You can suggest links for future linkspams in comments here, or by using the “geekfeminism” tag on delicious or pinboard.in or the “#geekfeminism” tag on Twitter. Please note that we tend to stick to publishing recent links (from the last month or so).

Thanks to everyone who suggested links.

Wall of Spam, by freezelight on Flickr CC BY-SA 2.0

Life, the Universe and Linkspam (29th May, 2012)

You can suggest links for future linkspams in comments here, or by using the “geekfeminism” tag on delicious or pinboard.in or the “#geekfeminism” tag on Twitter. Please note that we tend to stick to publishing recent links (from the last month or so).

Thanks to everyone who suggested links.

Pillar covered by colourful advertising bills

A merry linkspamming band (1st September, 2011)

You can suggest links for future linkspams in comments here, or by using the “geekfeminism” tag on delicious, freelish.us or pinboard.in or the “#geekfeminism” tag on Twitter. Please note that we tend to stick to publishing recent links (from the last month or so).

Thanks to everyone who suggested links.

Wall of Spam, by freezelight on Flickr CC BY-SA 2.0

Remorseless husband-stealing no-good linkspams (15th August, 2011)

You can suggest links for future linkspams in comments here, or by using the “geekfeminism” tag on delicious, freelish.us or pinboard.in or the “#geekfeminism” tag on Twitter. Please note that we tend to stick to publishing recent links (from the last month or so).

Thanks to everyone who suggested links.

Connecting with female characters in geek television

Cross-posted at From Austin to A&M.

s. e. smith wrote this amazing post a while back at Bitch’s Push(back) at the Intersections: “I Just Don’t Like That Many Female Characters.” And I read it and was like, “OMG GEEK CULTURE.” Because, really:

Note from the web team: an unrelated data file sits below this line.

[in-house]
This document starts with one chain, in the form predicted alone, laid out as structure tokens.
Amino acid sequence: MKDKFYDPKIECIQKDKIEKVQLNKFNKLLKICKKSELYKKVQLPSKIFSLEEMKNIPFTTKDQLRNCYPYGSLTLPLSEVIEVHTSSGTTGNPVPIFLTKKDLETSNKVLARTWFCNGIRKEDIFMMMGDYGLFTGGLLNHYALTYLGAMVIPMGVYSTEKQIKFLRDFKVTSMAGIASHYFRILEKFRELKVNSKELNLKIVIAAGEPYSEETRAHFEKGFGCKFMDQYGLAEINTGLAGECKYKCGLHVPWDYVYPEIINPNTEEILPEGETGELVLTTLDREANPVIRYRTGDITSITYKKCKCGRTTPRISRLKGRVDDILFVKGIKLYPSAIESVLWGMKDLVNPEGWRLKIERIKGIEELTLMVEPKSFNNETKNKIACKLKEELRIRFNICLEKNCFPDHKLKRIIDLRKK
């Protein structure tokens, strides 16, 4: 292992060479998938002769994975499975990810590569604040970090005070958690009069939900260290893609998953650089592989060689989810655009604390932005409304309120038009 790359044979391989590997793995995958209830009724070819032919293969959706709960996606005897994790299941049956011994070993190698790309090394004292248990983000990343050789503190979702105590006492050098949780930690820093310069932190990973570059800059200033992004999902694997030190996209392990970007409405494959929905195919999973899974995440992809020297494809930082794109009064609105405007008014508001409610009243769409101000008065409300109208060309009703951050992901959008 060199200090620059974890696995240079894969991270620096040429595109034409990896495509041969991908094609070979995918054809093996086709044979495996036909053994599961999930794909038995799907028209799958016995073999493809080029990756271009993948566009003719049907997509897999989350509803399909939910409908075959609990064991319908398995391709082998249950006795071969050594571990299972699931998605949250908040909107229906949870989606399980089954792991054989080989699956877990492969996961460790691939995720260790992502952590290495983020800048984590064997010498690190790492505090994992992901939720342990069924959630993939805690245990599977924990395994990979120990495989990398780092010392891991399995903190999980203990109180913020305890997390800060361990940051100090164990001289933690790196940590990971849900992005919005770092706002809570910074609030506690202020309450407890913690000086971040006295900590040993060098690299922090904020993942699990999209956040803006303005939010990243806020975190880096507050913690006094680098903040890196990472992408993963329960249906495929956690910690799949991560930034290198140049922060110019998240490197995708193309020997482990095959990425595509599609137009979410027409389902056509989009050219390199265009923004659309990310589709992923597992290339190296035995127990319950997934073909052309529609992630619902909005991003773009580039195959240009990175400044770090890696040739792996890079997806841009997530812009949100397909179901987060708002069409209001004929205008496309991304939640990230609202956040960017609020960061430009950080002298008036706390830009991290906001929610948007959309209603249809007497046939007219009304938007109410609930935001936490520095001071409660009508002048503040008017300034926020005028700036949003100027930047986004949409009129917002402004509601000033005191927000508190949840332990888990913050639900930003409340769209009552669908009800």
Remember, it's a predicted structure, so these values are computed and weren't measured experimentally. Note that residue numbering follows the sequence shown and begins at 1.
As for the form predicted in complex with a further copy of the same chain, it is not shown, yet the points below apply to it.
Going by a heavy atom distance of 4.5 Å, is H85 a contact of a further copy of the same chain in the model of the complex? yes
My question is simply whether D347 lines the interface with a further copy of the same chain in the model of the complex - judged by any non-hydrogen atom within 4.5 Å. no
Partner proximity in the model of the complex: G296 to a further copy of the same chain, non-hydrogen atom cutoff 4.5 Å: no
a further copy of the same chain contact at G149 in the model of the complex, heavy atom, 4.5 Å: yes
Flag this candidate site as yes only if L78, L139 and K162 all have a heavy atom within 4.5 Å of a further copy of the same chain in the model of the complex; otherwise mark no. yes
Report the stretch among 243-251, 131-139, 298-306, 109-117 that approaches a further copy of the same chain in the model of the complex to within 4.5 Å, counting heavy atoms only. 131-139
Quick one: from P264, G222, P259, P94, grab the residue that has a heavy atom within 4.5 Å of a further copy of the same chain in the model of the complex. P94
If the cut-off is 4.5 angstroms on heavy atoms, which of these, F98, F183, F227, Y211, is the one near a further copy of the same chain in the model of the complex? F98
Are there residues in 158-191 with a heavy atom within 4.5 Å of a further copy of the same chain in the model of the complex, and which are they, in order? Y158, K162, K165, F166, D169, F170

‘I just don’t really like many female characters, you know?’

I see this coming up again and again in discussions about pop culture; this is an attitude I myself once embraced and espoused, like it was a badge of honor to dislike most female characters. I thought I was being oh-so-edgy and critiquing female characters when really I was engaging in an age-old form of misogyny, where people prove how progressive they are by saying they hate women.

I know, it sounds weird. But there is a thing that happens where some feminists declare themselves firmly to be ‘one of the guys.’ I’m not sure if it’s a defensive tactic, designed to flip some attitudes about feminism and feminists, or if there is a genuine belief that being feminist means ‘being one of the guys.’ Once you are ‘one of the guys,’ you of course need to prove it by bashing on women, because this is what ‘guys’ do, yes? So you say that you don’t really ‘connect with’ or ‘like’ female characters you encounter in pop culture.

If feminists feel pressure to be accepted as “one of the guys,” imagine how geek women feel, particularly early in their lives, when they often feel isolated from one another.